My grandfather (see my signature) was 2i/c of the bn. His first letter written after the battle reads:

"19th September, 1916

Dear Dad,

I haven't time to describe the battle of 15th September properly.  I am all right, but Col. Hamilton was killed.   I feel as if I had lost a brother, we have been so constantly side by side in every sort of corner for nearly eleven months. 

I was not allowed to come up to the very front line till he was hit, as all 2nd-in-command officers were kept back in case of casualties to the C.O.'s.  He was rallying all men of all Battalions after the first direct attack on the wood had failed and, as he led them over the top, a machine-gun bullet killed him.  It was just like him to dash in like that but it was not really his job and we feel that he has thrown himself away.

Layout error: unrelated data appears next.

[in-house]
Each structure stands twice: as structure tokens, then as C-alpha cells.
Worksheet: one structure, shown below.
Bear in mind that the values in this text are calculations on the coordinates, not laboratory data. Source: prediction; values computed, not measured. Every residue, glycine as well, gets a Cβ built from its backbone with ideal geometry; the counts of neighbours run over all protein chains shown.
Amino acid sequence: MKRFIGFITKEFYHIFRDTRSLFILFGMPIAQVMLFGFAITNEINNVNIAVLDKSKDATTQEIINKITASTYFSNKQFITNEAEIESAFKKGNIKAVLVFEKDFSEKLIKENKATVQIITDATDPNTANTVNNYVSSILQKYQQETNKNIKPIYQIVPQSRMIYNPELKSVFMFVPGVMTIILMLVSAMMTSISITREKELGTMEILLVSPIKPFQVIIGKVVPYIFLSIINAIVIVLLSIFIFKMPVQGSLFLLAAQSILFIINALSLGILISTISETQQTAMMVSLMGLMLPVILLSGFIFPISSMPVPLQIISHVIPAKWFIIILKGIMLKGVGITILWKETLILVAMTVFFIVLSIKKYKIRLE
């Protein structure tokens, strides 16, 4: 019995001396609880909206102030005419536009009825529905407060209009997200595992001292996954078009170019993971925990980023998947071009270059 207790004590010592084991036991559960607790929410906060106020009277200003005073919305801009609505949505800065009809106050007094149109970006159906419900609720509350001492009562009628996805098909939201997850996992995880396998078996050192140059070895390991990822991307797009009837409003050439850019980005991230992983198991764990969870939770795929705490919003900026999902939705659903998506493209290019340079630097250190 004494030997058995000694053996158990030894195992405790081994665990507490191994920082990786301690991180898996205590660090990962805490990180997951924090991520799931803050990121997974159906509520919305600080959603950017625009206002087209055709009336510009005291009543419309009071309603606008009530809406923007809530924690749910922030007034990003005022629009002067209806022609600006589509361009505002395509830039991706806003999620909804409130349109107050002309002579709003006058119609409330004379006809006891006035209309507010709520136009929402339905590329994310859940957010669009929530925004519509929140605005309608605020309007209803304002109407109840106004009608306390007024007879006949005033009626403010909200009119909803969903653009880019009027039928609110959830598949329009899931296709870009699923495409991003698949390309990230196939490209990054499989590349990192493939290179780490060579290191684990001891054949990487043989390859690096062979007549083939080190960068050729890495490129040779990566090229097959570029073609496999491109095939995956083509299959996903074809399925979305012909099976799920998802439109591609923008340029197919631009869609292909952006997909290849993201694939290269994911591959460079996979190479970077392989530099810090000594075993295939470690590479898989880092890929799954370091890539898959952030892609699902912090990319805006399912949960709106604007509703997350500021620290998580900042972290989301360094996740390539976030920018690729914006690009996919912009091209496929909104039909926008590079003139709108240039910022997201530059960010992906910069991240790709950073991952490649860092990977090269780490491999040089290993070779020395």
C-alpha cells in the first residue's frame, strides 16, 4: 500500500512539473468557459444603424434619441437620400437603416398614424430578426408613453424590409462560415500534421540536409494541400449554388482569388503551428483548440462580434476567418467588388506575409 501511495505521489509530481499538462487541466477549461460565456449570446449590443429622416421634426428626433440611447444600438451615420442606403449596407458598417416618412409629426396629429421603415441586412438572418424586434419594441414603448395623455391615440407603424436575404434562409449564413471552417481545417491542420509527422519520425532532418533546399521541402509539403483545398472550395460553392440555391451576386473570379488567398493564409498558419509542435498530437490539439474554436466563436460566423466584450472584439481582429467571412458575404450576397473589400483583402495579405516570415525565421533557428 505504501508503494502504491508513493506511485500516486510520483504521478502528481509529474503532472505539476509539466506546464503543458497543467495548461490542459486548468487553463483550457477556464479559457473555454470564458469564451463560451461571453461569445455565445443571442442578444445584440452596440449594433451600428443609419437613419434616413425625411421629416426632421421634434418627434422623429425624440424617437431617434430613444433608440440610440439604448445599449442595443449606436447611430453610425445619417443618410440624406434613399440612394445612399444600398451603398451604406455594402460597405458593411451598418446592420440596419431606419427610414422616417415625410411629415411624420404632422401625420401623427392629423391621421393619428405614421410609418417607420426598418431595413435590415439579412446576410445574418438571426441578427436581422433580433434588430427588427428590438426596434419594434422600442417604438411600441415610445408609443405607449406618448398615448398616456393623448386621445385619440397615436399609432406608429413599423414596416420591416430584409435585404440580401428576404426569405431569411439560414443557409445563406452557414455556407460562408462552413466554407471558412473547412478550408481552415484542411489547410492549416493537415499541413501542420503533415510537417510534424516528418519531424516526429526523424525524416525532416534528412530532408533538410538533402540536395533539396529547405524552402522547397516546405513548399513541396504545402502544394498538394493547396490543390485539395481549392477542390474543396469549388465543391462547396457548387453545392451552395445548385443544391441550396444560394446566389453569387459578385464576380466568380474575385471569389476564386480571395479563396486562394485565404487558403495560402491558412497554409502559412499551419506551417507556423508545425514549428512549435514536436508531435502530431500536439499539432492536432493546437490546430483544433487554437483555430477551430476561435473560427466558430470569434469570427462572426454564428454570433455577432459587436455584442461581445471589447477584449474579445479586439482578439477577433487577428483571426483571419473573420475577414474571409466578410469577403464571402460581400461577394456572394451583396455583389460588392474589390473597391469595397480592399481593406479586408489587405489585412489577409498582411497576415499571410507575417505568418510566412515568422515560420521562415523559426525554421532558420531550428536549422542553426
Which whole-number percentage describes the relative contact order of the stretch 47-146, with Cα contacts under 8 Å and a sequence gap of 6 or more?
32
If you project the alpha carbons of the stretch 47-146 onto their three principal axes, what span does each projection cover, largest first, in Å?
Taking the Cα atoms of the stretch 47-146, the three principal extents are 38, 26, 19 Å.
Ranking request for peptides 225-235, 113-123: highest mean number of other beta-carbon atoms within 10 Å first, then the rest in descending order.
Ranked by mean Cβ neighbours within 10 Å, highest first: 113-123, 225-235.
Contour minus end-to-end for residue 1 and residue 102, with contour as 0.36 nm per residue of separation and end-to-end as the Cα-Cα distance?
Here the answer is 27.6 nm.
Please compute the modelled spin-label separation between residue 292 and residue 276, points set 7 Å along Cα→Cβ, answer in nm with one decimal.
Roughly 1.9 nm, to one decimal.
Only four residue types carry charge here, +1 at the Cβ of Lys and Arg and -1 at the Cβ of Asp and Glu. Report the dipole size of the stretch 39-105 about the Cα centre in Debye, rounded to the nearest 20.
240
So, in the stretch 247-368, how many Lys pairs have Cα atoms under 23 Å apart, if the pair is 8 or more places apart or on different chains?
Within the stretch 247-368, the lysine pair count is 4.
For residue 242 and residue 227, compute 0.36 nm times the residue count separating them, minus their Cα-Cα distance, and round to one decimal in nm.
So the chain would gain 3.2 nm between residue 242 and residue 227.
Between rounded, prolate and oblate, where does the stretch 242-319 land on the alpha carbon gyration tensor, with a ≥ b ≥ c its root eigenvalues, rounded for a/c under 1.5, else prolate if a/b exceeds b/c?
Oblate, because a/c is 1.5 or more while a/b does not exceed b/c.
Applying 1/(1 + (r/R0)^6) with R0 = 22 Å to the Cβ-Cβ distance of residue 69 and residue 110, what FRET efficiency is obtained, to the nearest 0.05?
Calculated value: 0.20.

(phrase in classical Greek)

Of all the soldiers I have ever known out here he was the finest and he was one of the most absolutely lovable men I have ever come across  -  of the same type as Leslie Woodroffe.

We lost heavily in officers killed and I lost my servant  -  Prewer.  The last thing he ever did was to bring me (unasked) some supper.  The Regiment did simply magnificently and were really worthy of Hamilton and his training.  It has thrown a very heavy responsibility on me but we are getting along all right at present.  Today we hope to go right back for a few days' rest, but the Hun must be kept on the run if possible.

Too busy for more.   Love to all"

My grandfather also commented on Edmonds draft of the relevant chapter in the OH. It is in the PRO in CAB 45/133 and reads:

Haileybury College,

Hertford.

May 15th 1935

Dear General Edmonds,